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  11. MPGboss

    MPGboss Junior Member

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    pack a fix-a-flat can and call it a day.
     
  12. Raytheeagle

    Raytheeagle Senior Member

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    I grew up 30 minutes west of Wilkes-Barre in a somewhat less populated area:).

    Great place to grow up, but if not from the area and out in the sticks, I could see an expensive visit:cool:.

    We just did a trip along the pacific coast highway out here on the best coast in our 2019 Prime with 39k miles on it and the original Toyo tires;).

    Sections of the highway there are switch backs and other sections are sharp bends that have speed, and I didn't think twice about it:whistle:.

    Make sure the tread depth is fine and the sidewalls are in good shape with no cracks and you should be fine. I have a donut spare though for piece of mind(y).
     
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  13. fuzzy1

    fuzzy1 Senior Member

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    What is their tread depth?
    [​IMG]
    As someone raised in rural parts of the Pacific Northwest, and has crossed PA only once, I just have to ask -- how far from town can you get in rural PA?

    This is what I'm used to (fuel intervals were even longer):
    [​IMG]
    upload_2021-5-28_17-53-31.png

    (I don't have my own images of these, so just scarfed up some from the web.)
     
  14. Mendel Leisk

    Mendel Leisk Sand Pounder

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    Even without a kosher tread depth gauge, you could cobble something. Say a chopstick, tongue depressor paddle or similar: place in tread, score with knife at tread surface, measure. And inspect the tires for cracking, sidewall gouges, etcetera. Beats internet opinion poll.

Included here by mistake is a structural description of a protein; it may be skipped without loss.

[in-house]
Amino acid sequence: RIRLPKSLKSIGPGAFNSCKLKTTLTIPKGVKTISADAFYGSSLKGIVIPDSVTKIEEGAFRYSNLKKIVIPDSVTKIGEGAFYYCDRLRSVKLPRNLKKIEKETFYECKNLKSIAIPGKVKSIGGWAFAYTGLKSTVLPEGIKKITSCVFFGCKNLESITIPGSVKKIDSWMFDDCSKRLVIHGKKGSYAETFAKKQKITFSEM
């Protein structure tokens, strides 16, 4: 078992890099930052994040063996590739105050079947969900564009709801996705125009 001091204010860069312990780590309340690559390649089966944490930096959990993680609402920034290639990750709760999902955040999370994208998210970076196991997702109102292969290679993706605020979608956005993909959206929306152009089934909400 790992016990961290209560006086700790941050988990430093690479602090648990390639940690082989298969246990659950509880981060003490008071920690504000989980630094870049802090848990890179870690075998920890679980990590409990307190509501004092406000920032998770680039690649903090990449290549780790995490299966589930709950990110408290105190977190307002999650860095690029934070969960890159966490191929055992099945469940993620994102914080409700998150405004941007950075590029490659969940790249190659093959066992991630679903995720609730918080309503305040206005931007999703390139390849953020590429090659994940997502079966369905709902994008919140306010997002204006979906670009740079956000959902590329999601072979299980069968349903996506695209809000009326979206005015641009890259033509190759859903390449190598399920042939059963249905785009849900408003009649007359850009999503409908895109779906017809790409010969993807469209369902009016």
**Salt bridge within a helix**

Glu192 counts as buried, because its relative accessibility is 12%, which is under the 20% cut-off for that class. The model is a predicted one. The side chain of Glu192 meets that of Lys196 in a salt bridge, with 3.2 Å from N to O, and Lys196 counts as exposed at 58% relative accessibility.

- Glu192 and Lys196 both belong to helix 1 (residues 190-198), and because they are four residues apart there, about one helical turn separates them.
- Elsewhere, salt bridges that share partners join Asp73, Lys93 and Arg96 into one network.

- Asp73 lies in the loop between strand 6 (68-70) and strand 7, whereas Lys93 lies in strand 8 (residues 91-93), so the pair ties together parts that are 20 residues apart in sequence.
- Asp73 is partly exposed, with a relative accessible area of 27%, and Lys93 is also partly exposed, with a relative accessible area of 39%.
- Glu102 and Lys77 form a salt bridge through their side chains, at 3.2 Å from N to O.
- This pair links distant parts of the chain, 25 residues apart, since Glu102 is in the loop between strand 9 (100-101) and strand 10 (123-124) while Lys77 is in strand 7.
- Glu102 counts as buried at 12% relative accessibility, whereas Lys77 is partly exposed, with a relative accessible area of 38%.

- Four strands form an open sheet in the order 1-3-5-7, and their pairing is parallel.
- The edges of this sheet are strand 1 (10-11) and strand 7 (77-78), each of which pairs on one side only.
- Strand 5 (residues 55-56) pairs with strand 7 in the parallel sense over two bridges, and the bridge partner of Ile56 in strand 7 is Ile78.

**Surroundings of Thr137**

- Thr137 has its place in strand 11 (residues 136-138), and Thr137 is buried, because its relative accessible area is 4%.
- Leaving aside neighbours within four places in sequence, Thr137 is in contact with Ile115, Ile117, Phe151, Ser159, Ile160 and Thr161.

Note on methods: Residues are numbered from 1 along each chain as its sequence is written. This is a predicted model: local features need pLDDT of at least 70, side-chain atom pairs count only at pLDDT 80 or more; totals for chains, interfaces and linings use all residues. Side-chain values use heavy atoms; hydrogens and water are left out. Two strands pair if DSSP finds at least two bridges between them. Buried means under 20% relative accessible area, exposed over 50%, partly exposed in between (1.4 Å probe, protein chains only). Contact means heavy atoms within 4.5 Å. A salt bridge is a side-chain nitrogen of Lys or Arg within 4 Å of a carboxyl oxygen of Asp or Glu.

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  15. privilege

    privilege Active Member

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    the wear bars will show if they've worn even, and also show if they're beyound service life.
    the tread depth is less important than the sidewall condition, cracks and dry rot will kill a tire in a hurry
     
  16. sam spade 2

    sam spade 2 Senior Member

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    Tiny surface cracks are NOT a problem.
    If you look close enough, you can find them on most tires over 2 years old or so.

    And ......modern tire compounds do NOT "dry rot", which is a specific condition that affected old formulation rubber that is not made anymore.
     
  17. privilege

    privilege Active Member

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    what do you define as "modern" ? the last 3 cars and 2 trailers I've purchased had dry rotted (my ignorance if a better term) tires
     
  18. sam spade 2

    sam spade 2 Senior Member

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    "Dry rot" is a specific condition where the rubber compound totally fails and falls off in chunks ranging is size from almost a powder to a small marble. It happened with compounds that used a high percentage of real natural rubber.
    It has not been a serious problem for.....oh......about 70 years or more.
    Modern tires can dry out and become brittle but that is a somewhat different condition.
     
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  19. privilege

    privilege Active Member

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    the results for searching "dry rotted tires" on Google are what I'm referring to.

    the tires were cracked both inside the tread, the sidewalls, etc just like all the pictures that Google references....

    when I was a kid it was called "dry rot" and apparently the definition hasn't changed today
    dry rotted tire - Google Search

    Screenshot_20210530-182622.png
     
  20. sam spade 2

    sam spade 2 Senior Member

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    OK, I give up.
    "convention" has bastardized the term.
    All cracking of rubber tires is NOT a sign of true "dry rot".......but that is the way seemingly everybody wants to use the term these days.
    This is probably mostly because virtually nobody alive today has actually SEEN real dry rot.
    And yes I am OLD.